Aldon Smith’s DUI Arrest: A Stand the San Francisco 49ers Needed to Take

730_20120128170813623_660_320Double standards are obvious around the world of the National Football League. The Seattle Seahawks refuse to take action against those who have been popped for PED use, but will gladly release a third-string quarterback in Josh Portis after a DUI arrest. The Pittsburgh Steelers didn’t take internal action with the whole Ben Roethlisberger situation, but had no problem releasing Chris Rainey after his off-field issues.

The message is strong and etched in stone. “If you are vital to our success as a team, you will get away with criminal activity off the field. If not, we will bid you adieu.”

Like it or not, that’s just the way it is.

The San Francisco 49ers are no different. When Demarcus Dobbs was arrested late last season on suspicion of a DUI, San Francisco quickly made the decision that he wouldn’t make the trip with the team to St. Louis. Dobbs, as a backup defensive linemen, may be somewhat crucial to the depth of the 49ers, but he’s no Aldon Smith.

Which brings me to my next point.

Smith was arrested Friday morning on suspicion of a DUI after crashing his car into a tree at 7 AM in the morning, rush-hour traffic in Santa Clara County. Authorities reported that Smith blew a blood alcohol level of .16, which is twice the legal limit for the state of California. The reports from the scene were alarming.

Borrows

Other reports indicate that Smith was at a nightclub and living it up with teammate Anthony Dixon the night before his arrest. This is alarming for a number of different reasons. First, NFL players have an anonymous car service at their disposal. They can call up a number on the back of their NFLPA card and request that a car pick them up from wherever they might be drinking. Even if a player doesn’t want to call the service, I am pretty sure he has the money to fork over for a cab.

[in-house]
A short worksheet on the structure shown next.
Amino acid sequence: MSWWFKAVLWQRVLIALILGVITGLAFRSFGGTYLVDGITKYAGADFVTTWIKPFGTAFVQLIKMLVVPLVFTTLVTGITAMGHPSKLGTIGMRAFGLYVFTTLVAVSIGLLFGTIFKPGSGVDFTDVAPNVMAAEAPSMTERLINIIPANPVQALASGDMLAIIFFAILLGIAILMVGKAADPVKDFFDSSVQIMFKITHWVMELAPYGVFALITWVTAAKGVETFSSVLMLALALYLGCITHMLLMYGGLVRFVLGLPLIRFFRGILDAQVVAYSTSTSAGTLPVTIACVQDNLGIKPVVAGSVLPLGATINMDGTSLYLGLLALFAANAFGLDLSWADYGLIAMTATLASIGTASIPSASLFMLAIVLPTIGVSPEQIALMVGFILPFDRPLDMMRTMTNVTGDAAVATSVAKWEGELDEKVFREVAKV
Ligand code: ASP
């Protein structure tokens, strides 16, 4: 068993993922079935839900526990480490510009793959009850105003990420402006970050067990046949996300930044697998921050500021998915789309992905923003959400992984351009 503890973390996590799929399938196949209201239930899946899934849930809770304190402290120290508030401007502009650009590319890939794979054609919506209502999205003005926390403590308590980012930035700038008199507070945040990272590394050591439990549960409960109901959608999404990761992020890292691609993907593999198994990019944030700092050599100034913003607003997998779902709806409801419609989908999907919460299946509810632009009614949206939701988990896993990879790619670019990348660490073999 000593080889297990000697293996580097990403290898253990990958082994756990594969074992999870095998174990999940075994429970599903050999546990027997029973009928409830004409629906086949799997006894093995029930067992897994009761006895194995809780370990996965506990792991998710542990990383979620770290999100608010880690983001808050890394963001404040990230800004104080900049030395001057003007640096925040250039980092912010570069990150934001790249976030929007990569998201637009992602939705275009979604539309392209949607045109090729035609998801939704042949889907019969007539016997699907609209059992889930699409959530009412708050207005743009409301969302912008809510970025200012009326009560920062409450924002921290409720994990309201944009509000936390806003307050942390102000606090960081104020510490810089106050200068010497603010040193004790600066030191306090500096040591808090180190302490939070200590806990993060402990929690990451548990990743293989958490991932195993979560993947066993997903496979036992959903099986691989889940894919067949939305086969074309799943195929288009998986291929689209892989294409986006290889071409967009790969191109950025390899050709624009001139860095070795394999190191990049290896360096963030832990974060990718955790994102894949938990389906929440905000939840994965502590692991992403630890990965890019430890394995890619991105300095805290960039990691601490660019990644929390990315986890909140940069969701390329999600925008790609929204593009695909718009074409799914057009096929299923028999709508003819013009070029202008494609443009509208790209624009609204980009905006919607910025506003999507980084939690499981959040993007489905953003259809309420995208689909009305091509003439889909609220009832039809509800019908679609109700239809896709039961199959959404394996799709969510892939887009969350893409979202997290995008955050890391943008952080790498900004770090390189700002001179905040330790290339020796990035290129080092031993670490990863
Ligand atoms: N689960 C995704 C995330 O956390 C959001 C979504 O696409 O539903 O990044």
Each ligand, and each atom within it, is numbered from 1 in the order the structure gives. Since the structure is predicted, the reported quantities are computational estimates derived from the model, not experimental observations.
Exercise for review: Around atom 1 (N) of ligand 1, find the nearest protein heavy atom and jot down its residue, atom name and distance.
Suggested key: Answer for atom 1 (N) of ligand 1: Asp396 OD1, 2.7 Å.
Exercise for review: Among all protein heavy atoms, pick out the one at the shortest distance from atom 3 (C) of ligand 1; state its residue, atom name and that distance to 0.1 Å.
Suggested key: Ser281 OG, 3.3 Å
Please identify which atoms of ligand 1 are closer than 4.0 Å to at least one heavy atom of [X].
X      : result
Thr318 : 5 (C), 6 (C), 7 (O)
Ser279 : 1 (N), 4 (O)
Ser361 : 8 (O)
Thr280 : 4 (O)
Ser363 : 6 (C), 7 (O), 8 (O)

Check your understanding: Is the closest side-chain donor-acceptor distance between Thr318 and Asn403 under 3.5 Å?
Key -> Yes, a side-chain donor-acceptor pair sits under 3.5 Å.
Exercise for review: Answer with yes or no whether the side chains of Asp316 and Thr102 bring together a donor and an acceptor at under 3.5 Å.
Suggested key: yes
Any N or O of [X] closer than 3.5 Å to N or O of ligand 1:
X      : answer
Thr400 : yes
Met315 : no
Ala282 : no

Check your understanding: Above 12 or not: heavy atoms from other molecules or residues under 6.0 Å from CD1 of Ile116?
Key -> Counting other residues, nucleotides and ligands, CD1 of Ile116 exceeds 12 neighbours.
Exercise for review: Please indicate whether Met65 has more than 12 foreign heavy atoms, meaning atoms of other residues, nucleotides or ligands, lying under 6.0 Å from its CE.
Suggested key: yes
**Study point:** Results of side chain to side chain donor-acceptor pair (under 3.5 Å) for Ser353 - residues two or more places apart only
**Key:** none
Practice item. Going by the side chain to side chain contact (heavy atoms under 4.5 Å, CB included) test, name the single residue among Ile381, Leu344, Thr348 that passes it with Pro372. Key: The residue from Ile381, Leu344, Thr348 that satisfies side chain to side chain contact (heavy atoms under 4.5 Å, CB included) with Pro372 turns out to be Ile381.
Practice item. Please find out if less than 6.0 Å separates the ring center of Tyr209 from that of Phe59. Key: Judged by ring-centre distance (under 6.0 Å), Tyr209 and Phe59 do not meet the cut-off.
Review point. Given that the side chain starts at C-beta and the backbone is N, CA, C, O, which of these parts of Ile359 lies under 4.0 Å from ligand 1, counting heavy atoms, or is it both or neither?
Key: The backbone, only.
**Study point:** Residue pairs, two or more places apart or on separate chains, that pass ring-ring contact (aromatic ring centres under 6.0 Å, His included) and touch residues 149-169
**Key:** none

Untitled

Driving drunk has to be one of the most selfish crimes a person can commit. Not only did Smith put himself at risk, he out others he doesn’t even know at risk. He did so during Friday rush-hour traffic in Santa Clara County. He did so double the legal alcohol limit.

San Francisco’s response?

Untitled

 

While it is up to the NFL to suspend Smith, which will likely come when he faces DUI charges in early November, the 49ers’ organization needed to take a stand here. They needed to act like the class of the league, which they have been calling themselves for some time now. Smith’s arrest represents the fifth time a player within their organization has been popped for a DUI since Jim Harbaugh took over as head coach. This doesn’t even take into account Smith’s incident at a house party last year when he was stabbed and wielded a gun or Ahmad Brook’s fight with Lamar Divens who was trying to stop him from driving drunk.

It’s more of a pattern in San Francisco than anything else. Once considered a coach who ran a tight ship, Harbaugh seems to be lacking in the discipline aspect of his job. This could also be evidenced by the 49ers leading the NFL in penalties after two weeks.

But I digress.

San Francisco should sit Smith for its important matchup against the Indianapolis Colts on Sunday. It would send a message that the no one in the organization can literally get away with a crime and still suit up just a couple days later. It would also send a message to the other 31 teams that San Francisco is the organization that it bills itself as. An organization that won’t allow a winning mentality to cloud what has to be considered moral shortcomings off the field. That it will not go down the all-too-familiar “win at all cost” path.